The die has been cast and it is for the current Barbados Labour Party (BLP) government to ensure that the recommendations contained in the report of the Public Accounts Committee (PAC) 2013 – 2018 are carried out, lawmakers have insisted.
At the same time, Opposition Leader Joseph Atherley is demanding answers to who will pay for alleged wrongdoings under the former Democratic Labour Party (DLP) government based on the findings of the report.
The PAC report discussed in today’s sitting of the House of Assembly also recommends legal action and where necessary “for the institutions of criminal and or civil proceedings against any individual whose conduct has caused the Crown to suffer any loss”.
Government backbencher Ralph Thorne insisted that the resolution was being brought in order to “restore righteousness” and the doing of right in the public life of Barbados.
“Again, I say this in the hearing of the presence of the member of the Opposition, never again must this House descend into the abyss of impropriety as committed by the former government,” said Thorne, adding “I don’t know what sanctions the people of Barbados request or require.”
The controversial PAC report paints a picture of wanton disregard for proper procedure by the National Housing Corporation (NHC) in granting contracts, and the disregard of these procedures by Government in funding the statutory agency.
Among the serious claims in the report, which is based on the testimony of several witnesses, is the assertion that the then Minister of Finance Chris Sinckler executed the contract for financing the Grotto housing project for an additional $9.85 million, raising the amount from $18 million to $27.85 million, without the approval of the Solicitor General or Attorney General.
Atherley agreed that steps should be taken to prevent any recurrence, adding that the report should serve as a reminder that those placed in power by the electorate should “be careful with their connections”.
However, he said the pertinent question that should now be answered was who will pay and at what price?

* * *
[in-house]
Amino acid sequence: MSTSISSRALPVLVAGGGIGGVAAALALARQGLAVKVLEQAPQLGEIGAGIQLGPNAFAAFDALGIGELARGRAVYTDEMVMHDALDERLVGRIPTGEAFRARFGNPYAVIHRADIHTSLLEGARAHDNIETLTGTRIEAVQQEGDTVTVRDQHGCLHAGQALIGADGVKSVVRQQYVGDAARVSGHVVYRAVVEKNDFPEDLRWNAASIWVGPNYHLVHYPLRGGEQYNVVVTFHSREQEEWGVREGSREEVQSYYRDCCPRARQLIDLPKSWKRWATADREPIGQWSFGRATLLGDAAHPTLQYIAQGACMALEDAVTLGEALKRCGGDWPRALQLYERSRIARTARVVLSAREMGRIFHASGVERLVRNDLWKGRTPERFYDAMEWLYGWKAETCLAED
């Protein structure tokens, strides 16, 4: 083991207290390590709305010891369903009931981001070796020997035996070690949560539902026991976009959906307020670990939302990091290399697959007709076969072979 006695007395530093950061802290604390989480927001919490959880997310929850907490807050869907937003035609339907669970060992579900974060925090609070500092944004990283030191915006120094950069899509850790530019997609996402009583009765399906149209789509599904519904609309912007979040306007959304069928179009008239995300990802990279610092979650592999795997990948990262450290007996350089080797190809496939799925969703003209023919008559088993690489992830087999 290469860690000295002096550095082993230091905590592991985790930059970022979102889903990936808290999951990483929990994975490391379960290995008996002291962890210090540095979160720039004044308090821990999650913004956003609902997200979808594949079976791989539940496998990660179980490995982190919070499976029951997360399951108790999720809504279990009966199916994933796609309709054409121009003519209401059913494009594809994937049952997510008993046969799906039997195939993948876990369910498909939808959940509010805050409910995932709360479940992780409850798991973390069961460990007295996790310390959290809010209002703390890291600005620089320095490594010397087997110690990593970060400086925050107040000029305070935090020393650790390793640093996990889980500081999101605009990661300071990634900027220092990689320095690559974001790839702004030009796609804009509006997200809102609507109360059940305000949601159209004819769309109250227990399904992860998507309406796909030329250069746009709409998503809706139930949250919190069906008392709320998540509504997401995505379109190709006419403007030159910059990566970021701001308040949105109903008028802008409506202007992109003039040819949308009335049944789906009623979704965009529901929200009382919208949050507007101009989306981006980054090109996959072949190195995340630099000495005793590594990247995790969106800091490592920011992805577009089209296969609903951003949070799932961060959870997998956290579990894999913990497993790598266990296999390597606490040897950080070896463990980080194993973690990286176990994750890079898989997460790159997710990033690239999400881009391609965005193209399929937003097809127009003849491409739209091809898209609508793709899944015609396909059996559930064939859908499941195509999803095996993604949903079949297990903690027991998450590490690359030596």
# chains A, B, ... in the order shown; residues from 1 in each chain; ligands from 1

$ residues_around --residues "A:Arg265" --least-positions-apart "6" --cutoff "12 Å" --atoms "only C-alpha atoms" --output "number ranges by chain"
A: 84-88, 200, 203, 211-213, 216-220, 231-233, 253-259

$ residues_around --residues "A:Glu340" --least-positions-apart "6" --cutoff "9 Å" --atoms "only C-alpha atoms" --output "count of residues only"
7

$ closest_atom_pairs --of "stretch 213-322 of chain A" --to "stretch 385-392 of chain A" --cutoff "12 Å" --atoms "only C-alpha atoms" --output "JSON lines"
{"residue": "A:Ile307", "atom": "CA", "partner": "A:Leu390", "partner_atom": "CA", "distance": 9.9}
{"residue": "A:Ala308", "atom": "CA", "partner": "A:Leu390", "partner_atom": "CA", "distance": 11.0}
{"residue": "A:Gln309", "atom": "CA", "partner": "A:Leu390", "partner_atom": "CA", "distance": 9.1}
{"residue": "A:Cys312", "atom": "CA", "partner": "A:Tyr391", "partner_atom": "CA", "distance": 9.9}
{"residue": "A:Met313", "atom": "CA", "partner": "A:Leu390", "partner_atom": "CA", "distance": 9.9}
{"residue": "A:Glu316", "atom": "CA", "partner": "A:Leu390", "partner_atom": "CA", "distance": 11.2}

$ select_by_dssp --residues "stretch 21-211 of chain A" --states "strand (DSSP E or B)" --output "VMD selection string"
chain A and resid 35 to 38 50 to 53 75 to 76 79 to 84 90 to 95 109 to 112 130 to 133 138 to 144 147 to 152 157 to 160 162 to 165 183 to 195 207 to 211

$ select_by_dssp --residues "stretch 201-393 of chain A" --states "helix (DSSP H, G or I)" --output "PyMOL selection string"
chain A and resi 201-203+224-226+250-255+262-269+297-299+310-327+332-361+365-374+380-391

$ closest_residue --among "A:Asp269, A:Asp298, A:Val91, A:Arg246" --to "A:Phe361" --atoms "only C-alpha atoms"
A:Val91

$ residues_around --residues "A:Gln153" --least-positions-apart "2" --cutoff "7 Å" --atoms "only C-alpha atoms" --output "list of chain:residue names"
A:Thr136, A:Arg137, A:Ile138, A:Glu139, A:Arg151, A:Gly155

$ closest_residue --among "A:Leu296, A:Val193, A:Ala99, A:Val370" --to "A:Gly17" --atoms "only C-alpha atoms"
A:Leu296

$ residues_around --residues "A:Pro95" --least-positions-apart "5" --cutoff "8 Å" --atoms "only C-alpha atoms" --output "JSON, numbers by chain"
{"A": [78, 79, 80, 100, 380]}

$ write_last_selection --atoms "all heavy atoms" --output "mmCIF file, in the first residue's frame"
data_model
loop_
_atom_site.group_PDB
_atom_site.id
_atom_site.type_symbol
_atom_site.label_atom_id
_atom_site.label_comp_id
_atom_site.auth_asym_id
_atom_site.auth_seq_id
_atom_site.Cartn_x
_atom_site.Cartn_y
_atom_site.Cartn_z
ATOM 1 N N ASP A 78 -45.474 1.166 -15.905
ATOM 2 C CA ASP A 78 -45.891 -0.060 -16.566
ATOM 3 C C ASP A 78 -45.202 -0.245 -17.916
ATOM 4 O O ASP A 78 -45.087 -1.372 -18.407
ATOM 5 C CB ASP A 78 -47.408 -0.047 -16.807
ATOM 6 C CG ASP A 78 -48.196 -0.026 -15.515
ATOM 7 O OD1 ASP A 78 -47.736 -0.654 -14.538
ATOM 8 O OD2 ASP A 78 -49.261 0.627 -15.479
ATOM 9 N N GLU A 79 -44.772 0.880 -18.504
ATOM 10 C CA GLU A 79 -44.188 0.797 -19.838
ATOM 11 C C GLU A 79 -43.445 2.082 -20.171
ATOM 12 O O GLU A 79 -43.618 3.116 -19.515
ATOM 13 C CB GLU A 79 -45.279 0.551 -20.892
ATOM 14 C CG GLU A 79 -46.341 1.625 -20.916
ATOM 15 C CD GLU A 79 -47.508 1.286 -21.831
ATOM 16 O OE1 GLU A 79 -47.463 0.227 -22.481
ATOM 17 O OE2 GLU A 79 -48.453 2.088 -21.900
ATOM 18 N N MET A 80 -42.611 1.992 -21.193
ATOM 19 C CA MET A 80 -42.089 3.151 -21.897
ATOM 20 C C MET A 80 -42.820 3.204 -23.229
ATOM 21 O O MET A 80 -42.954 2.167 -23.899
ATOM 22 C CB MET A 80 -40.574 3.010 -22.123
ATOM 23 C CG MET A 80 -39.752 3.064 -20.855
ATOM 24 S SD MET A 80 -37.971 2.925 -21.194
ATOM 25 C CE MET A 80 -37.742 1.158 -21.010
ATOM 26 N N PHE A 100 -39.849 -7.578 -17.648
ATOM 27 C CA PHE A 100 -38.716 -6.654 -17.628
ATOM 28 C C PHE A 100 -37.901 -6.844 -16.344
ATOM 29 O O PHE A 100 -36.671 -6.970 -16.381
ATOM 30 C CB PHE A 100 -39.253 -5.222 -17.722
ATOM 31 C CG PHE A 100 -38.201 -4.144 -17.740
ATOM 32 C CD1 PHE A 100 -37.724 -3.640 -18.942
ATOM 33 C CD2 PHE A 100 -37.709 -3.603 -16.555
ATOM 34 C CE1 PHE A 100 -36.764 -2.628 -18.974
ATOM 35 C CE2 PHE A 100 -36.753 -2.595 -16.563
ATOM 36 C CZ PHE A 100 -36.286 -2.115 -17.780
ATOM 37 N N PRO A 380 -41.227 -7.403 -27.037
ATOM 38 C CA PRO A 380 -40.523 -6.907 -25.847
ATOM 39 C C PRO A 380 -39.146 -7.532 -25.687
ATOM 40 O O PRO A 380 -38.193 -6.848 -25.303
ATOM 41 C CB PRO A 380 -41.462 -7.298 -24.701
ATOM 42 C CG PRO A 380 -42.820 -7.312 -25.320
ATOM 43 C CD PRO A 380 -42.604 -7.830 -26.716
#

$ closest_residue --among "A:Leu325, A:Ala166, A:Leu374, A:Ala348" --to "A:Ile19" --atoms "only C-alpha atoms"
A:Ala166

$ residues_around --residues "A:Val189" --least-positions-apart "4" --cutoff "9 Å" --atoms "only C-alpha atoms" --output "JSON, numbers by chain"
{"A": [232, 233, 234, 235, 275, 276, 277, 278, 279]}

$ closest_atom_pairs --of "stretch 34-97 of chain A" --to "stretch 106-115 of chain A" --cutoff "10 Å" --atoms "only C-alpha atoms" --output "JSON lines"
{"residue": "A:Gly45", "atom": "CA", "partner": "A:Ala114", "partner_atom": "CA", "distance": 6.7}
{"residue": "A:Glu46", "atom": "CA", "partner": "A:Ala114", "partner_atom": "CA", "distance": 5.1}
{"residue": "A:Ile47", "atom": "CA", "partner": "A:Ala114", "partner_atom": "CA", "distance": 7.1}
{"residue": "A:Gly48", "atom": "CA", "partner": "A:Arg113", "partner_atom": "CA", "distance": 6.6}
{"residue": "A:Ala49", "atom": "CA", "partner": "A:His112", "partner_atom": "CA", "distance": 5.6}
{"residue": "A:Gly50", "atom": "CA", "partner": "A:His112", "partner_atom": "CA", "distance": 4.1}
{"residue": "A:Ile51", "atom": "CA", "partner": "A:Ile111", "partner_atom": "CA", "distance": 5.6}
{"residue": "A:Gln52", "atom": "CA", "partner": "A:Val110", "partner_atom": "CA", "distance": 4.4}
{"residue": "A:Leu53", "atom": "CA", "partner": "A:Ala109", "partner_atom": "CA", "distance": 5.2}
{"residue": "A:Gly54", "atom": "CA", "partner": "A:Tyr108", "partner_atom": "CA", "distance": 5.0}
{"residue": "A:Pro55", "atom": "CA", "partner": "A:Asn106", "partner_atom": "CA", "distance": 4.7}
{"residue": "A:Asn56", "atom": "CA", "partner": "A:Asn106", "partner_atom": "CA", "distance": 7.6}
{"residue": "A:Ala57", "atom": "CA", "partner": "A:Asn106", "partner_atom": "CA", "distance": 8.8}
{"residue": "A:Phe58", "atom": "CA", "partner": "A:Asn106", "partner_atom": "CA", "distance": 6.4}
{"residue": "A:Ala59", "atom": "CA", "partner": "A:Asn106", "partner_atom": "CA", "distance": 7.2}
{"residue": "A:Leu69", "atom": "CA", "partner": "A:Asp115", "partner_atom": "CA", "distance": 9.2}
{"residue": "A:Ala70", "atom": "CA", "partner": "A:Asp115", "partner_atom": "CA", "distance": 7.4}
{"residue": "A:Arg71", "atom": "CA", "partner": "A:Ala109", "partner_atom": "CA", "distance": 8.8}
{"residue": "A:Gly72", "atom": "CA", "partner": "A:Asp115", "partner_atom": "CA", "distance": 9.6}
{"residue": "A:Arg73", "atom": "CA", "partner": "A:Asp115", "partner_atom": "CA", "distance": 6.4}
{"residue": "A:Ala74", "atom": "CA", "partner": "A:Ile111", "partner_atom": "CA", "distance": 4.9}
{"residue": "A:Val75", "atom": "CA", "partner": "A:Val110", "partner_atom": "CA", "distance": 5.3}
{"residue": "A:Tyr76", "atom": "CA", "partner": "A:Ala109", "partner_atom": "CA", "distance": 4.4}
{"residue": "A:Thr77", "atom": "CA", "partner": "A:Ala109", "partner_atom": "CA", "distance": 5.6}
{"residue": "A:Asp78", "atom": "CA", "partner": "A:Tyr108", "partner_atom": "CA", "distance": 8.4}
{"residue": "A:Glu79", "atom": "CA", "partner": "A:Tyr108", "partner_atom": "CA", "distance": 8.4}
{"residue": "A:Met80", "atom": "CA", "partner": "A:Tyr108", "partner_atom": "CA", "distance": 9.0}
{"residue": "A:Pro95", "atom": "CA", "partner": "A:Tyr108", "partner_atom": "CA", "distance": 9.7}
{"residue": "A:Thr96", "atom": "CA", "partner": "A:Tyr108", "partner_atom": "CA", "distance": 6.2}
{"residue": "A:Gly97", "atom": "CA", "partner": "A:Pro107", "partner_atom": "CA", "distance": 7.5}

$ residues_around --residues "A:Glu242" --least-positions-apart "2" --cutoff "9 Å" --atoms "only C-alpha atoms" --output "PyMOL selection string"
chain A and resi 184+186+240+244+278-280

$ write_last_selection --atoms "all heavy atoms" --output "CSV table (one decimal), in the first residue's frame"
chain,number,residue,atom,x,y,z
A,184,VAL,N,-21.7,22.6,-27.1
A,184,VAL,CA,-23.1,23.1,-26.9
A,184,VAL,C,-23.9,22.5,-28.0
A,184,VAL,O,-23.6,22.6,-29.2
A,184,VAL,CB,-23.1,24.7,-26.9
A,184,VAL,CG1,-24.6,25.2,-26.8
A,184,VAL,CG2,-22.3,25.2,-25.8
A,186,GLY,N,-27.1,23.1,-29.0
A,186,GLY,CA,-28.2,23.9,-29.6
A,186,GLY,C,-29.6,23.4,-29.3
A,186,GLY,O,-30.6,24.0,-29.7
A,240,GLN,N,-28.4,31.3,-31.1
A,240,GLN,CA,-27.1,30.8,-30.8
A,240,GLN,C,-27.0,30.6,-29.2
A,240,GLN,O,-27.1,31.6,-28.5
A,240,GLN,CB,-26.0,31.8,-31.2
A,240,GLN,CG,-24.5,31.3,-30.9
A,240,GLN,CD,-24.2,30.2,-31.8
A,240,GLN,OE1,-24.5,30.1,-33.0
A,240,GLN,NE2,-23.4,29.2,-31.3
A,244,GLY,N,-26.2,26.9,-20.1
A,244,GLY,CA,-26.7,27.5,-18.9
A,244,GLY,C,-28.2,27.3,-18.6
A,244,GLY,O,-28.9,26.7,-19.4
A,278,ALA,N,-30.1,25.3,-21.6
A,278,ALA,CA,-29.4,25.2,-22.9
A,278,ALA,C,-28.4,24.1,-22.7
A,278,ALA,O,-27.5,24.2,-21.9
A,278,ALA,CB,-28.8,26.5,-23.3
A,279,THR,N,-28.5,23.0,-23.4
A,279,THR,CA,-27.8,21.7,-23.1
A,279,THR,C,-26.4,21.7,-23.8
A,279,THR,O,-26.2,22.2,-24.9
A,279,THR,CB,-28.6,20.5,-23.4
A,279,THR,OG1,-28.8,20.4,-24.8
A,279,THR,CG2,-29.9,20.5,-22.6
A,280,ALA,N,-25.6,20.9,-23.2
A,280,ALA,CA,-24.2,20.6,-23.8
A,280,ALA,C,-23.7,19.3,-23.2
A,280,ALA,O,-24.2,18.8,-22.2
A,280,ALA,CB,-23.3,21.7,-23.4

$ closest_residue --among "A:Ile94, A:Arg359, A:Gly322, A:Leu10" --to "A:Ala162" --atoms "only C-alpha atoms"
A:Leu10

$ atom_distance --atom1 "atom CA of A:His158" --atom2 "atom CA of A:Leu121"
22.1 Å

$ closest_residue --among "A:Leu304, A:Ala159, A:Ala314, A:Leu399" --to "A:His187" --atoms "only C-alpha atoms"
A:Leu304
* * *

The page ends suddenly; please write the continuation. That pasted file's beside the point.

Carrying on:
“We want to know who is going to pay the price for getting us into this mess in the first place and what that price is going to be? Barbadians do not want lip service on that issue. Barbadians do not want grandstanding on that issue. The question is a serious one,” he said.
Atherley, who is the current Chairman of the PAC, insisted that Government takes a public stand on some issues including whether the meetings of the PAC should be public.
“That was not resolved. We need to know what the public position is on that,” he said, adding that another issue was whether government ministers and members of Parliament could be summoned to give witness before the PAC.
“These matters were never fully resolved,” he added.
In his contribution, Minister of Tourism Kerrie Symmonds, a former member of the PAC, accused the last DLP administration of engaging in “matters as pernicious and vile as naked theft” from citizens of the country and suppression of information of all types relating to the public affairs of Barbados.
Symmonds also took issue with the finding in the report that some 200 people were hired at the NHC after the DLP came to power in 2008 and another 50 were hired in January 2013, on the eve of the February 2013 general elections, even though the NHC had been declared insolvent and no board decision had been taken to authorize the hiring of these additional people.
The St James Central MP called on the current PAC chairman Atherley to support the recommendations contained in the 74-page report.
“I am saying respectfully that now the die has been cast and it is for this Government to ensure that these recommendations contained herein, are seen to have the light of day,” said Symmonds.
The PAC made several recommendations, including that Parliament takes note of its finding that a letter dated February 18, 2013 from the Minister of Housing to the NHC chairman purporting to communicate a decision of Cabinet, allegedly made on February 13, but which, on the basis of Minutes of the Cabinet, was not made by Cabinet.
“The committee strongly deprecates this conduct of the Minister of Housing, Michael Lashley, misrepresenting the decisions of Cabinet as it undermines the integrity of public administration in Barbados and the integrity of Cabinet governance itself,” the report states.
The controversial report also recommended that further action be taken by the appropriate organs of government, by way of investigation, with a view to making further recommendations where appropriate, and if necessary.
The committee further suggested that where appropriate, all legal steps be taken against individuals whose conduct has constituted misconduct in public office in order to recover any compensation due and owing to the Crown and arising as a result of losses sustained from such misconduct.
The PAC maintained that ministers “must not sign contracts purporting to bind the Government and expose it to legal and/or financial liability in the absence of the review and approval” of either the Solicitor General or the Attorney General, or Cabinet itself.
Insisting that the BLP was willing to be held to the highest standards, Symmonds said the Mia Mottley-led administration was willing to “bind each other to accountability and transparency”.
When summoned in November 2016 by then Chairman of the PAC Mia Mottley to answer questions relating to public housing based on matters raised by the report, then housing minister Denis Kellman, former Minister of Housing Michael Lashley and then Minister of Finance Chris Sinckler refused.